Baylor Oklahoma State (copy)

Baylor outfielder Richard Cunningham (right) and designated hitter Andy Thomas are two of the top hitters on a BU squad that still aims to do some damage this season.

Mitch: Hi, Curly. Kill anyone today?

Curly: Day ain’t over yet.

— City Slickers (1991)

For much of the year, the Baylor baseball team killed it.

Better than expected, really. Or the Bears killed it better than anyone could have reasonably hoped for, given the litany of key injuries they suffered.

Then in the regular season’s closing weekend, the Bears didn’t execute like they wanted. They lost a pair of games to a very good Oklahoma State team in Stillwater before rain washed out the finale. Those results, coupled with Texas Tech’s series win over TCU, prevented Baylor from reaching its stated goal of winning the Big 12 regular season title.

But here’s the punchline. Just like with Jack Palance’s character, the day — or, rather, the season — ain’t over yet.

If you’re a Baylor fan, there’s a lot to like about what Steve Rodriguez’s club has achieved. To go into your final day with a chance to win a Big 12 championship is something to applaud, not lament.

Obviously the Bears would’ve liked to have played better in Stillwater. But there’s still a Big 12 tournament this week. The NCAA tournament hovers just over the horizon. Future dogpiles entice.

In my view, Baylor has done enough already to land one of the 16 host sites for the NCAAs. Now, I’m not a licensed college baseball bracketologist — hmmm, wonder what that gig pays — and I haven’t studied the various cases of the potential host schools at length. I know that most of the bracket projections leading into the final regular-season weekend listed the Bears as a host. Should two road losses to a good team completely take that away?

Now, the knock on the Bears is an RPI of “only” 27, which lags behind most of the other potential hosts. But the NCAA selection committee should also consider that Baylor went 14-8 in the Big 12, a league which ranks as the No. 2 RPI conference in the country. Here’s a nifty little stat about Big 12 baseball in 2019: The league’s teams own a winning record against every other conference ranked in the top eight of RPI, including the mighty, No. 1 SEC.

I’m not here to throw a lot of numbers at you, though. Let’s not get bogged down by the metrics. Instead, let’s appreciate the season that Baylor has put together, and consider where it could still go.

You da man, no, you da man

Baseball players and coaches talk relentlessly about having a “next man up” mentality, to the point where the utterance of the words reflexively leads to an eye roll. Next man up is a nice concept – in theory. But there is a reason why the next man is standing on the top step of the dugout, and not planted on the field already. Generally speaking, the next guy is not as good as that other guy.

Baylor Cal Poly (copy)

Baylor third baseman Davis Wendzel (right) is one of several players who have missed time with injuries this year for the Bears.

Remember, Baylor lost the reigning Big 12 Pitcher of the Year Cody Bradford to a season-ending injury in March. Bradford tossed seven innings before heading off the surgical table. All-American catcher Shea Langeliers missed 10 games with a broken hamate bone before returning. Outfielder Cole Haring, pitcher Hayden Kettler and, most recently, third baseman Davis Wendzel (one of the leading candidates for Big 12 Player of the Year) have all missed significant chunks of time with one ailment or another.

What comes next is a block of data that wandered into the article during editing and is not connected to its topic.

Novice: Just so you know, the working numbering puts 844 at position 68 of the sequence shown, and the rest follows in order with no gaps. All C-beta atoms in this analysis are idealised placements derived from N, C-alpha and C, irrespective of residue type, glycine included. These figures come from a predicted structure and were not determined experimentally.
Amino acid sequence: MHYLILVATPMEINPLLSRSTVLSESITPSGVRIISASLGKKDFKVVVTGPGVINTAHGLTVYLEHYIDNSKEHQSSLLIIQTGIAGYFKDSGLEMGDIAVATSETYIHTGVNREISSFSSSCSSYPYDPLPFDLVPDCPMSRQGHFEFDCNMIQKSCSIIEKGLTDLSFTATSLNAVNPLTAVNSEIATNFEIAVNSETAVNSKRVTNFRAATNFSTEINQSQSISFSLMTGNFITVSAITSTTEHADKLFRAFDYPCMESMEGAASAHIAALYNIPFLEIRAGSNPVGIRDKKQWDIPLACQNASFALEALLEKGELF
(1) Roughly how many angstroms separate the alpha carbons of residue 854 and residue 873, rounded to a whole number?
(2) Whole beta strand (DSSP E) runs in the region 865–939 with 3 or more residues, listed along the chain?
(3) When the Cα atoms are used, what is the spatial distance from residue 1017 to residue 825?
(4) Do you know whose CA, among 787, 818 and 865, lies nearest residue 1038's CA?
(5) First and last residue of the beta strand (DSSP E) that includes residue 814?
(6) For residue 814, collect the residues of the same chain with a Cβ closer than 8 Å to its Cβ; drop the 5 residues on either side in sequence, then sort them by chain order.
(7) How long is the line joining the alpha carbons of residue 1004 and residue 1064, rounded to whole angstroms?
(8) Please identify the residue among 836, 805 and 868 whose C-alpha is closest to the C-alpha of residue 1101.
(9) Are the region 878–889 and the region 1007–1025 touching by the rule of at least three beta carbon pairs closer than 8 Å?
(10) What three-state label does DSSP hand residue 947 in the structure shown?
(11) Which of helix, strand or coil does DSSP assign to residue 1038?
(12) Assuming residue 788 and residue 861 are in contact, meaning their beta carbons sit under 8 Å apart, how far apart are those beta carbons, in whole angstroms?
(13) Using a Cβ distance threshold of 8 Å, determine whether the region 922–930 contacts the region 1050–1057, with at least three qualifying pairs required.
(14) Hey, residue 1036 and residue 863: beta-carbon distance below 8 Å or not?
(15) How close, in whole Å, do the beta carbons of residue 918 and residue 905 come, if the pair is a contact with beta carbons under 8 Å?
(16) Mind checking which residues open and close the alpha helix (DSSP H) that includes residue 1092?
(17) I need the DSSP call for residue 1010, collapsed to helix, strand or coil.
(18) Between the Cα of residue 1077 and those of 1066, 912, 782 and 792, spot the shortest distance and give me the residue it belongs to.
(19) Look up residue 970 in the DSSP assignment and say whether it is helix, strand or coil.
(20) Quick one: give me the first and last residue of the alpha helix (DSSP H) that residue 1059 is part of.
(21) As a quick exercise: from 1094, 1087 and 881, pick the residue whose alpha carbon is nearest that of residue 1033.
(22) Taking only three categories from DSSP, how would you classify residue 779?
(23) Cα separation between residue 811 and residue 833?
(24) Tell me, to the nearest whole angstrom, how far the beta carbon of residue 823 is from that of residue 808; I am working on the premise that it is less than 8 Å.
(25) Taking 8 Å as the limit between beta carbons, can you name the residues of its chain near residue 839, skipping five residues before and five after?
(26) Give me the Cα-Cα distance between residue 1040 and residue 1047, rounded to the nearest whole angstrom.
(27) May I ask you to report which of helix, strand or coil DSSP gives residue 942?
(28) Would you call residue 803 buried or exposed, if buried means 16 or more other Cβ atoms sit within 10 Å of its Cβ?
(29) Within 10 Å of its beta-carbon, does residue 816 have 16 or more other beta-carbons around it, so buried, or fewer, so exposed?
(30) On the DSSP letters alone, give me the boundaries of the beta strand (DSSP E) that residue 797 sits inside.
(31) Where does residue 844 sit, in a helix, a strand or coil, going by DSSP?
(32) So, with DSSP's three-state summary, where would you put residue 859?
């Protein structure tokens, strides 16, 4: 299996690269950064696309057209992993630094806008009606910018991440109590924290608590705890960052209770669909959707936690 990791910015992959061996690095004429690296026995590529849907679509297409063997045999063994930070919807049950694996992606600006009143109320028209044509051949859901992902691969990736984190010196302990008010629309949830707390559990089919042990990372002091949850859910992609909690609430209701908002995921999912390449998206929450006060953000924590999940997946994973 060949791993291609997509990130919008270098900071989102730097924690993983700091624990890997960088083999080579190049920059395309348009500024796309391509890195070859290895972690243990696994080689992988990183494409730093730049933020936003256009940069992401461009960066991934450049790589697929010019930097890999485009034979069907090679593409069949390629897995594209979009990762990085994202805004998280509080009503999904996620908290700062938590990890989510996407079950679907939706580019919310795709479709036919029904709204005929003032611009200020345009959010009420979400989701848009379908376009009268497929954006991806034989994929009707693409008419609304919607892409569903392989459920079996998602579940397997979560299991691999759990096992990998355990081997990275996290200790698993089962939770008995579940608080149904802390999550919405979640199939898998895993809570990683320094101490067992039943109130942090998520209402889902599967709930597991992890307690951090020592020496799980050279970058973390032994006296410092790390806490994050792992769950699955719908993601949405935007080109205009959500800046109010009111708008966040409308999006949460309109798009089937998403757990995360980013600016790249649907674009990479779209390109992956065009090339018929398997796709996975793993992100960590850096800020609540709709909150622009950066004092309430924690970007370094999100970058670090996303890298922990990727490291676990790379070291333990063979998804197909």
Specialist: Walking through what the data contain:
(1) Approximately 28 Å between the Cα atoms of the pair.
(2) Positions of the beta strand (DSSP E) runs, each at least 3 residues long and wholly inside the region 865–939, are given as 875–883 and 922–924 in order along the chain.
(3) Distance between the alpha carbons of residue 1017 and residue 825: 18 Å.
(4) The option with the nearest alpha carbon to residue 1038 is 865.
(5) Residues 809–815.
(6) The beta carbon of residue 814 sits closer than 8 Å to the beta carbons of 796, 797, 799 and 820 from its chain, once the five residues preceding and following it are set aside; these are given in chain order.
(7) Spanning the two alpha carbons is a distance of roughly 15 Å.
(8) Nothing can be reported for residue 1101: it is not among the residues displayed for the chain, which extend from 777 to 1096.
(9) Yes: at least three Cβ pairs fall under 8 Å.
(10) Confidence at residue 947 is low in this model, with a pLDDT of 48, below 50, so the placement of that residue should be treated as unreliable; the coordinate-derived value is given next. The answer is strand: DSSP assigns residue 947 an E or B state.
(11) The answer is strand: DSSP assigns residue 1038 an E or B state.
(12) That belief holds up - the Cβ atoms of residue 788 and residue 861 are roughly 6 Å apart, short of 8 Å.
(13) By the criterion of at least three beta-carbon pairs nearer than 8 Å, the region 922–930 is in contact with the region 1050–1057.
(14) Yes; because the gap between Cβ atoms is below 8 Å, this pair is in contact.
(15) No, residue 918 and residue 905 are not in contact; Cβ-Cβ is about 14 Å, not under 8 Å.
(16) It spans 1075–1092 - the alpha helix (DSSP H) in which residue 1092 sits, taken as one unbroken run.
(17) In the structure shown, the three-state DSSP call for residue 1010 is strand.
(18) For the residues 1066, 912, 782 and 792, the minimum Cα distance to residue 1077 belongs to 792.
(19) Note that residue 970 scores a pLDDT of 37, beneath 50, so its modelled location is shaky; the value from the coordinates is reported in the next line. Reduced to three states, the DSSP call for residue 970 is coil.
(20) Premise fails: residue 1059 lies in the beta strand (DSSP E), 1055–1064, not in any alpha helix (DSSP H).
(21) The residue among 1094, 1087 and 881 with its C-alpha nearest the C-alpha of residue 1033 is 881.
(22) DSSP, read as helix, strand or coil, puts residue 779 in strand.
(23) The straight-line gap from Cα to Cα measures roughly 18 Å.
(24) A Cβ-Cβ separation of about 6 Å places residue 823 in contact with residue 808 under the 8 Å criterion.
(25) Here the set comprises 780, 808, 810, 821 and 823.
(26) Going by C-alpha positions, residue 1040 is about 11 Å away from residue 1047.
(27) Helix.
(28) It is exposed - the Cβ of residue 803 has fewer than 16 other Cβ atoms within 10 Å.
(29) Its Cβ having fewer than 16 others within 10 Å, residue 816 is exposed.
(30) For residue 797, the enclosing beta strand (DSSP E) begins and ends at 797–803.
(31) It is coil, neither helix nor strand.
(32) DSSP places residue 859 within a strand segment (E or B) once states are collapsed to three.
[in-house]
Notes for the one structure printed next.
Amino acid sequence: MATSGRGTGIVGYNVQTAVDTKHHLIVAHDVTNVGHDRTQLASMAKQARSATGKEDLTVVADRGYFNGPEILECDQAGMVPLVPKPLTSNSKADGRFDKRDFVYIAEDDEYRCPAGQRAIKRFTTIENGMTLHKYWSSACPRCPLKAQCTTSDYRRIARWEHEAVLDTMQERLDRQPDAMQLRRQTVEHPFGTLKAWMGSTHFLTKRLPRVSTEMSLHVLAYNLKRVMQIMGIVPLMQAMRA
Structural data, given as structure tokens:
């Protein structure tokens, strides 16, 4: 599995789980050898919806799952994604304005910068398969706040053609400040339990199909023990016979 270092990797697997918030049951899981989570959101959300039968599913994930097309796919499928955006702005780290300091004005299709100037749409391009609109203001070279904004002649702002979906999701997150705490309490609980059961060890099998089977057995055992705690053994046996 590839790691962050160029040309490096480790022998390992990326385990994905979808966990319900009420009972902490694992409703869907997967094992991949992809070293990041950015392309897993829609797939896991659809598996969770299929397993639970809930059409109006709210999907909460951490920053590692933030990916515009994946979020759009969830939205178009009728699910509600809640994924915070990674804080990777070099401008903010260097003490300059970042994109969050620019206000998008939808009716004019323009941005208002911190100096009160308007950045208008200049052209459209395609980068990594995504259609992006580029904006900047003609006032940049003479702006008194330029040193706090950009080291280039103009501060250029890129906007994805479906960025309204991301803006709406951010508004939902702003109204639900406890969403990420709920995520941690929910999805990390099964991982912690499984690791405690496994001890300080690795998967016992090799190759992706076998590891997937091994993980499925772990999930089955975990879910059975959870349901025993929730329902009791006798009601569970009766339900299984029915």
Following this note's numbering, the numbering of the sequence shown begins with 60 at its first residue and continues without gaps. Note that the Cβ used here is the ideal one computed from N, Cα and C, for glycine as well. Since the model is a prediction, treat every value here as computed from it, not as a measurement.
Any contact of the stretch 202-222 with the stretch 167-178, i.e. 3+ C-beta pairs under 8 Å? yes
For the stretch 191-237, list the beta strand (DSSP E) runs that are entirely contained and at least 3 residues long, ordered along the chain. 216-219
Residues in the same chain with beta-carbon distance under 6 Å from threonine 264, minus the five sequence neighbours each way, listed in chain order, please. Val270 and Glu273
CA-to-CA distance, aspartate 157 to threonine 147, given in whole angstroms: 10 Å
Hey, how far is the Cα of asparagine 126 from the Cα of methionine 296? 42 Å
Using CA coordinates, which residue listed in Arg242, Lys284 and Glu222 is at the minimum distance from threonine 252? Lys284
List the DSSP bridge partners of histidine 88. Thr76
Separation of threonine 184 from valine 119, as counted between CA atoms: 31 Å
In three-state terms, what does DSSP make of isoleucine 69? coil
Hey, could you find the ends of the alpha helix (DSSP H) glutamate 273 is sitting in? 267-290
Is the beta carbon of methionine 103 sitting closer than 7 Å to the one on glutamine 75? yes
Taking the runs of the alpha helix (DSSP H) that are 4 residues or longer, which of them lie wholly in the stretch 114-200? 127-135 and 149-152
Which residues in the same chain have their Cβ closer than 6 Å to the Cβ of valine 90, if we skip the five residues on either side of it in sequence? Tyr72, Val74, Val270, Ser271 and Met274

The Bears didn’t bellyache about their injuries, though. In most cases, the next man actually stepped up. They embodied the cliché. Pitchers Paul Dickens and Jimmy Winston gave the Bears some quality innings, keeping the team in games. Backups like Kyle Harper, Cole Weaver and Ryan Bertelsman unveiled scene-stealing cameos at various points. The bullpen, anchored by bulletproof closer Kyle Hill, saved many a day. And the guys who stayed healthy, including Richard Cunningham, Nick Loftin, Andy Thomas and others, just continued to rake.

That they even gave themselves a chance at a Big 12 title is remarkable in itself. In the end, finishing second, two games behind a Texas Tech team that played two more league games, is nothing to cry about. Second is ultimately where Baylor was picked at the start of the year, 48 games and a half-dozen critical injuries ago.

Besides, day ain’t over yet.

As mentioned, if I were drawing the brackets I’d put Baylor in Waco for the first weekend. But Baylor probably needs to do some damage in Oklahoma City this week to really solidify its resume for the NCAA committee.

Could they win a Big 12 tournament crown again? Sure, why not? It’s a wide-open league, and the team that celebrates on Sunday afternoon is the one that starts out cooking on Wednesday and keeps sizzling the rest of the week. You’ve got to get hot and stay hot.

Baylor showed that last year in OKC. It has displayed cooking capability at various points this year, too. Remember, before the stumble in Stillwater (which included a one-run loss that ended with a somewhat controversial call in the finale) the Bears had won seven of eight games, including a sweep of TCU in Fort Worth.

Beyond Bricktown, Baylor has reasonable aspirations of getting into the NCAA tournament and making a run. It requires a fair amount of grit and gumption, sometimes even a bit of luck, to get through an NCAA regional. The good thing for the Bears is that they’ve shown they have grit and gumption in spades. Luck, well … that hasn’t always been on their side, but you never know what the future will hold.

There’s still time to make a killing.

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